Posted at: 11/13/2013 5:36 PM
Updated at: 11/14/2013 6:26 PM
By: Kumi Tucker
Heroin use is on the rise in the Capital Region.
**Note: some of the names have been changed in this story to protect their identities.
Brianna started snorting heroin at 14.
"I tried anything that would get me high and I liked the feeling . I just continued to do it. Eventually, I came to shooting heroin," she said.
"How old were you?"
"When I started shooting heroin, I was sixteen."
She's one of the many young people who started off first with pills.
"That's how I started, with the Oxycontins, the hydrocodones, the Roxicets. I started off with those, but heroin-- it's just-- more people have it and have lots more of it, so it's a lot easier to get than the prescription pills, definitely," she said.
Law enforcement says heroin is flooding our streets. It's sold in powder form. Each packet goes for about $10.
"The street name, we call it dope or dog food. Every drug dealer's got it. It's so common nowadays. I mean, everybody's doing it."
"I was shooting up a lot," she continued. "Especially towards the end. I overdosed once. I stopped breathing by the time the ambulance got there and they brought me back. That was an eye-opener for me."
Lexi is 18, also in recovery.
"Painkillers got too expensive, opiates did, so I moved on to heroin. It was just an opportunity I had one night. Somebody I was in a car with was doing it and they just offered it to me and I wasn't hesitant at all. From there it got really bad," she said.
"You start sniffing it and then you progress to needles. You feel sick if you don't have it."
"My dad, he never picked up on it," Lexi continued. "He knew I was using something but he didn't know what until he got called to the hospital one night."
Kat started using drugs at 11 years old, heroin at 15.
"It's cheaper than pills. And when you do shoot it up, it's like instant gratification. It's instant rush," she said.
"The first time I did it, I was automatically hooked. It's very addicting."
All three girls are in the Adolescent Program at Hope House, a substance abuse treatment center in Albany.
"I would say within the last couple months a quarter of our building has identified opiates and heroin as their drugs of choice," said Phillip Lucien, Program Manager at the Hope House Adolescent Treatment Facility.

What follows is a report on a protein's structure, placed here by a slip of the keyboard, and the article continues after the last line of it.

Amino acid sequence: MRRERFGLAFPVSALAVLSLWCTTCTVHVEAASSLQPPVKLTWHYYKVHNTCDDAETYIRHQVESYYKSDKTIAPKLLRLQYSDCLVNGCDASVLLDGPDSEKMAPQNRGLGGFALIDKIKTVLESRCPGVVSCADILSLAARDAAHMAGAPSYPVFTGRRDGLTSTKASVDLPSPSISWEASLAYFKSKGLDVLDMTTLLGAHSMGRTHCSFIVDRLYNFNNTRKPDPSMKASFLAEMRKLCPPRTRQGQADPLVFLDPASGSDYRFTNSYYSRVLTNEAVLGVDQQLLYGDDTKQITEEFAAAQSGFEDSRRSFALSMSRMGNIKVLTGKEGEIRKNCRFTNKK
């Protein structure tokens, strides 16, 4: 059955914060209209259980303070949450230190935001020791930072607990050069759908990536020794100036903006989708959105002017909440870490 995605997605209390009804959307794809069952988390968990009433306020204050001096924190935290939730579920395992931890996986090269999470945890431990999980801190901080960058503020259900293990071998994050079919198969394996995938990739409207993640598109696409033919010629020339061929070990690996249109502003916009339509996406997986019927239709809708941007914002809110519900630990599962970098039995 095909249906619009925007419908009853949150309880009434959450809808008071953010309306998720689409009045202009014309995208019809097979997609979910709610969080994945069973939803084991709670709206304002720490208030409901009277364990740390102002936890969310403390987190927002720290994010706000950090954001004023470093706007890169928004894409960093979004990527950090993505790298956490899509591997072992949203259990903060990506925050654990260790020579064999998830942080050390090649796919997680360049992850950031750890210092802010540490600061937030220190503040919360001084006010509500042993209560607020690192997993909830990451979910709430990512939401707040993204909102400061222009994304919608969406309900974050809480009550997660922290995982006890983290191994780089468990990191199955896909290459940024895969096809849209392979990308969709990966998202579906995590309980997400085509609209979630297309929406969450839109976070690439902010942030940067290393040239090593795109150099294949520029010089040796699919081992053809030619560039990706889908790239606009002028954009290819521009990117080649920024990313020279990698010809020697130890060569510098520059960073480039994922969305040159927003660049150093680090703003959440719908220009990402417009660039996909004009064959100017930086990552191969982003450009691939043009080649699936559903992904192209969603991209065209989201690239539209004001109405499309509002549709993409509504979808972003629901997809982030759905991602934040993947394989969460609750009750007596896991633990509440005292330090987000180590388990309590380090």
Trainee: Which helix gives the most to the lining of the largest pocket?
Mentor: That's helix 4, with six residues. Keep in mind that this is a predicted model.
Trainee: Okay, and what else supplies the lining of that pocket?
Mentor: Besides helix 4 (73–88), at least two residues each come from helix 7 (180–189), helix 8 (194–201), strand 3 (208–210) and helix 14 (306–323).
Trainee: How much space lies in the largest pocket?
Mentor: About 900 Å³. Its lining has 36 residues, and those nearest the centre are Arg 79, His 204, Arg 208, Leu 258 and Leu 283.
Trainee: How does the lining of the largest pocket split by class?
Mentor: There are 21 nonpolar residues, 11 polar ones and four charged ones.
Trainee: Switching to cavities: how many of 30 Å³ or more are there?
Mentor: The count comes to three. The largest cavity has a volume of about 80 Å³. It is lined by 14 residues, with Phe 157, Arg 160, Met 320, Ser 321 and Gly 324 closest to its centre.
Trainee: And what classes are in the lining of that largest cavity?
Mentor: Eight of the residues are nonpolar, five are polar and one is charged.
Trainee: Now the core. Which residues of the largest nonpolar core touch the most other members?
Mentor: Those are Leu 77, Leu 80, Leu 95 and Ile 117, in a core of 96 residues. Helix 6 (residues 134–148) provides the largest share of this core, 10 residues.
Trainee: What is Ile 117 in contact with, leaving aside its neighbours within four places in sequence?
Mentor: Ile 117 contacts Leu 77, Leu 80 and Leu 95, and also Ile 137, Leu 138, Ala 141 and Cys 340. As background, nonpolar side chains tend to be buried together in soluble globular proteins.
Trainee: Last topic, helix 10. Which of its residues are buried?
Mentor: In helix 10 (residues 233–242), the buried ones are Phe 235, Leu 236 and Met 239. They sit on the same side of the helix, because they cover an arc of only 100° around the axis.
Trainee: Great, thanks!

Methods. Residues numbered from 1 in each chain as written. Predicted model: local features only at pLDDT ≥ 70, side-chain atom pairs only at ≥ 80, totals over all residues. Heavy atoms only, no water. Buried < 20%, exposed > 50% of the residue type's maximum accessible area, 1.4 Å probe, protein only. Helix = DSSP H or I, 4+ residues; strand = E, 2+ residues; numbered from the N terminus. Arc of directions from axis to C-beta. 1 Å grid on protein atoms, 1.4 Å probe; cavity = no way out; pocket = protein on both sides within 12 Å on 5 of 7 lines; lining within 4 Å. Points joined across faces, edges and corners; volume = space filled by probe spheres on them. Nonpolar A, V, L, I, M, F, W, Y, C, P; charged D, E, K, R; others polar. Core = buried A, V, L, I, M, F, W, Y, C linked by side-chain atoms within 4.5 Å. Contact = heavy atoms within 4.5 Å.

"Heroin hasn't gone away," said Kevin Connally, Executive Director of Hope House. "But what's becoming most troubling is the fact that we're now seeing more of our adolescent clients using heroin."
"There's tragedy in prescription pills. There's tragedy in heroin. And overdoses aren't uncommon," said Lucien.
In July, we reported on young people dying in Averill Park. The community held an emergency meeting about the increased number of heroin overdoses in Rensselaer County.
But experts say it's everywhere.
"Some of these drugs are more inclined to be in one area," said Connally. "But not this. Heroin is in the inner cities, it's in the suburbs. There's not one area where it's being seen used more or less than another. It's accessible and it's very, very cheap and easy for kids to get."
Kat says there are some tell-tale signs of heroin addiction. "They should definitely check people's arms, track marks, bruises on their arms. Check to see if they're falling asleep a lot, drowsy a lot, acting totally not like themselves, stealing from the family."
A lot of young heroin addicts quickly get into criminal trouble.
'I don't work, I don't have a job," said Brianna. "I had to lie, manipulate and steal to get everything every day. I would at least have to get about $100 every single day to support my habit. That's how bad it was."
"How many times were you shooting up every day?"
"A lot. I could do up to 10 to 20 times a day."
All three girls credit the staff at Hope House with helping them succeed in their recovery.
"They really get down to the real deep core issues," said Kat. "It's not just the using. It's the reasons why we were using."
Now they are being taught new ways to live.
Lexi is planning to go to college next year. She wants other young people to hear her message.
"Reach out for help. It might seem okay because everyone around you is doing it, but it just gets worse and worse."
"You're going to die. You are going to end up in prison," said Brianna. "This drug tears you apart. It destroys you."